Thinking Bigger

May 17, 2015

It all started with a homeschool Nature Study topic and two assignments from school. Our Tuesday adventure group was going to begin a trimester study on Insects. Separately, Jacob’s 3rd Grade teacher asked him to write a Research paper as well as an Opinion paper. She said students were allowed to merge them into one paper and submit a Research/Opinion paper. Loved the idea of merging! Killing two birds with one stone. Perfect. But you know what would be even better? Accomplishing 3 to-do’s all in one fell swoop! Writing a Research/Opinion paper about Insects! Yes! Yes! Yes! I proposed the idea to Jacob. He loved the idea of addressing 3 assignments with one focused attempt.

And then I added on a challenge: to study something about insects at large. To think ‘big picture’ or really big topic about insects. I know Jacob has incredible skills at thoroughly researching one topic in all of its minutiae. He loves to read about one specific topic in exhaustive detail. I knew he would do fine selecting one type of insect such as crickets or bees and researching every aspect of that one specific insect. But I wanted him to grow in his skill-set. To learn how to think ‘bigger picture’ about a topic; to study something broad and learn how to make summary statements. I gave him the picture of a funnel and challenged him to stay up at the broadest rim of the funnel by writing broad over-arching statements about insects, instead of zeroing in, with specific detail, at the most concentrated narrow end of the funnel, writing about the specific colors, body shape and habitat of one specific species of insect.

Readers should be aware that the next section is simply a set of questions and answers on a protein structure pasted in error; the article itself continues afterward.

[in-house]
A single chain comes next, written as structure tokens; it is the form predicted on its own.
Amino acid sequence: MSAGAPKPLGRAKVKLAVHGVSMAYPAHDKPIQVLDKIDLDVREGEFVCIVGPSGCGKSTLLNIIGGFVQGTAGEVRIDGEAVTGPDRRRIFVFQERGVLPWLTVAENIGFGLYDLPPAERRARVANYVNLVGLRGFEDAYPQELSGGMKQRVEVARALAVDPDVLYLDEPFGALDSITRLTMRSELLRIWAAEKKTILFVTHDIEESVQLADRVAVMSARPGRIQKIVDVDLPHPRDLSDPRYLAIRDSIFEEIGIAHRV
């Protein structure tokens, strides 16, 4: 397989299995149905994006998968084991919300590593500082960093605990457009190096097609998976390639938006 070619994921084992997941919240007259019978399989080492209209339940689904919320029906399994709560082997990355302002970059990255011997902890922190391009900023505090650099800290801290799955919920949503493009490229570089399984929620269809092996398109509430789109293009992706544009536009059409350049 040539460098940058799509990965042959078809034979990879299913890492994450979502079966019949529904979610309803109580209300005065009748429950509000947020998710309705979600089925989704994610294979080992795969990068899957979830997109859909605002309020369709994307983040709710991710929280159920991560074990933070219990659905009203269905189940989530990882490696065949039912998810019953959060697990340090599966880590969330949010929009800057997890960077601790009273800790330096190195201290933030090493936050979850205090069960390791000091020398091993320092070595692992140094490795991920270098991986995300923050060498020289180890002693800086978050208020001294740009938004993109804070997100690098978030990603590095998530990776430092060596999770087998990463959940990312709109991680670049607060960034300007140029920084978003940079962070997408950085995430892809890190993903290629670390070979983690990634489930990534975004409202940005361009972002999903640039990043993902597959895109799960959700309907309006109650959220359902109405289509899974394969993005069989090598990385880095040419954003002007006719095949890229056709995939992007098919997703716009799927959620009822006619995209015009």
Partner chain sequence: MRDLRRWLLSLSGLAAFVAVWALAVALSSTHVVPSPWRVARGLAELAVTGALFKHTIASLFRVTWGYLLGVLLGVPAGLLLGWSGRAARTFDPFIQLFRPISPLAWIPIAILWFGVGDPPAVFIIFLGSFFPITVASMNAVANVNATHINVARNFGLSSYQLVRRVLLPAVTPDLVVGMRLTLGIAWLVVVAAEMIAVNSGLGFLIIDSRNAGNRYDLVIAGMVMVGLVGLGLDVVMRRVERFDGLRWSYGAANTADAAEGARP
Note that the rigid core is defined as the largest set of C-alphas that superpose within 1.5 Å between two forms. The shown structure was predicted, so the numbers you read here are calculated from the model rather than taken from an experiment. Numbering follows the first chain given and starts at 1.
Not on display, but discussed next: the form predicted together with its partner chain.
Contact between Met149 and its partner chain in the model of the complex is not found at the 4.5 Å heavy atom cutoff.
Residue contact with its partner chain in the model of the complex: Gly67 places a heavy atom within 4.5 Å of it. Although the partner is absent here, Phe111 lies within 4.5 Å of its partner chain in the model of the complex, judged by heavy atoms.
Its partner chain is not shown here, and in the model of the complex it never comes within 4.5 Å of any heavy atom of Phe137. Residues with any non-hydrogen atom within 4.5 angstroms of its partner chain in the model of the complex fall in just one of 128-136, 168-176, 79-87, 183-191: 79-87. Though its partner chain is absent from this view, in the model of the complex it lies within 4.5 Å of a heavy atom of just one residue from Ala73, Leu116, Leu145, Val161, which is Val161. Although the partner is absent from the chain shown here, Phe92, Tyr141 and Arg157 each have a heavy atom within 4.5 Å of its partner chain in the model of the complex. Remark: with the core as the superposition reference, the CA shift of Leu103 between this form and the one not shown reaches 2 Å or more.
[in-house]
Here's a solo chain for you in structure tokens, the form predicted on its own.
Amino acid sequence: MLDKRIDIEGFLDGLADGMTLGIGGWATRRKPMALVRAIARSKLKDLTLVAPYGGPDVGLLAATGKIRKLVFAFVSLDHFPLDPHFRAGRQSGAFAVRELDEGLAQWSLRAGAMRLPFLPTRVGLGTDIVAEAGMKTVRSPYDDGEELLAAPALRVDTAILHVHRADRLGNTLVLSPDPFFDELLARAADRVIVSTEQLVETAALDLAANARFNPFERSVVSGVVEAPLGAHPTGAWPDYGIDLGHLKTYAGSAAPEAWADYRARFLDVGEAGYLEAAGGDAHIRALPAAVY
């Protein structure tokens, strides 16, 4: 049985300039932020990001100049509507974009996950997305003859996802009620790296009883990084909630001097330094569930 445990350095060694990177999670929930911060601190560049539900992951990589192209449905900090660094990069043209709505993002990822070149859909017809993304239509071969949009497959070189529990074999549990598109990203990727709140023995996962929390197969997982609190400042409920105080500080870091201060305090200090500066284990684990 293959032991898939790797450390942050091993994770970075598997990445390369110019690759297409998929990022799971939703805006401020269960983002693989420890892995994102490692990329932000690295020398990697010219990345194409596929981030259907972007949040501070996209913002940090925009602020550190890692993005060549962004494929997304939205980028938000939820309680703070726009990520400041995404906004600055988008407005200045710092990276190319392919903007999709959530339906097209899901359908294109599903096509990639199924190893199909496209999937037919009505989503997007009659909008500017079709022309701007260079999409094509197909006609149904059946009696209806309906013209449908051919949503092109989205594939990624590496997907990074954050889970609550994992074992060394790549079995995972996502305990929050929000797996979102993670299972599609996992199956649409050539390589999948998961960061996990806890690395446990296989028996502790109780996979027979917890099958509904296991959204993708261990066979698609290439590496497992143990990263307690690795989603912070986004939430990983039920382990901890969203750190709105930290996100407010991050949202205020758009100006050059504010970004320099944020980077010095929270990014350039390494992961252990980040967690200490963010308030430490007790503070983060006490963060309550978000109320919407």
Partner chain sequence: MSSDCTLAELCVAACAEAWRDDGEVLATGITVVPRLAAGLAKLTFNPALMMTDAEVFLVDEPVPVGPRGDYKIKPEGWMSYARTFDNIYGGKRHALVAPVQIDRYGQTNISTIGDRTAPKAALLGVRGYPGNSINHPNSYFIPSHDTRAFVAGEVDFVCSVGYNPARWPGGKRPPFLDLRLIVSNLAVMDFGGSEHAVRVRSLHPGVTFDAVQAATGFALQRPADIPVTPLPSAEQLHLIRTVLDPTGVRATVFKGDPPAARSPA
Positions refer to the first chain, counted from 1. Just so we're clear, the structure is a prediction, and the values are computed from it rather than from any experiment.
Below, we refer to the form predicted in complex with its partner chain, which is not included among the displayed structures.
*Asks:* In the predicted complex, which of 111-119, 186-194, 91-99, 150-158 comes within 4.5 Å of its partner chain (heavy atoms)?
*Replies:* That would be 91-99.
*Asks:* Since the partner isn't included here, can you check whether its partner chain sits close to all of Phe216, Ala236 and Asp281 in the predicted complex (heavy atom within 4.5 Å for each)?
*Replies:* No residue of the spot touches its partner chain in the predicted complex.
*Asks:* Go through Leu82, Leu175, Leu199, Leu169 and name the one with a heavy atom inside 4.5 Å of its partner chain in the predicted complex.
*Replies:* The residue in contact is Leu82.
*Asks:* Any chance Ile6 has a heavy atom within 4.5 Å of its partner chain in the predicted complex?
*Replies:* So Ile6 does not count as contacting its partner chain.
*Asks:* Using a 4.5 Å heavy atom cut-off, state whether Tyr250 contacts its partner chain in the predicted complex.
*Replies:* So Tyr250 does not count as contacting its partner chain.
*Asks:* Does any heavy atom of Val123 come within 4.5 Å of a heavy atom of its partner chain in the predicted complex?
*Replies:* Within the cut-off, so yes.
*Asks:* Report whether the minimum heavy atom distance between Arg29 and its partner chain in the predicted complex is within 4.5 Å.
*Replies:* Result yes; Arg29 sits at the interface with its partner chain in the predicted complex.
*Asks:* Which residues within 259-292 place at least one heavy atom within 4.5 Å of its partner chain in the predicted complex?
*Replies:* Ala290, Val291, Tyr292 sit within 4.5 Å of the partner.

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But man was that a struggle. “WHAT?!?!?!?! You want me to study everything there is about ALL 1,000 known species of insects?!?!?!?! WHAT?!??!?! I could never do that!!!!”

The idea of studying insects at large seriously overwhelmed him, in a debilitating, anxiety-producing way.

But then he narrowed it down to the idea of eating insects as a source of protein, in a world where there are huge concerns about all the land and water resources needed to sustain cattle for our world’s beef consumption. 

And we even ended up researching which restaurant in Los Angeles serves cricket tacos. Yup- fieldtrip to eat crickets. And we did it. And wow was that an experience, feeling the spindly crunchy legs in my mouth. Maybe if as a society we taught our kids from a very young age, feeding them insects, then they’d grow up thinking it was no big deal. At my age, not gonna lie, it took quite a bit of courage to try. And as I ate those cricket tacos it was not an easy thing for my mind to be comfortable with. 

Jacob ended up doing an incredible job researching this topic! And he created a very informative poster board that he shared with our homeschool friends. 

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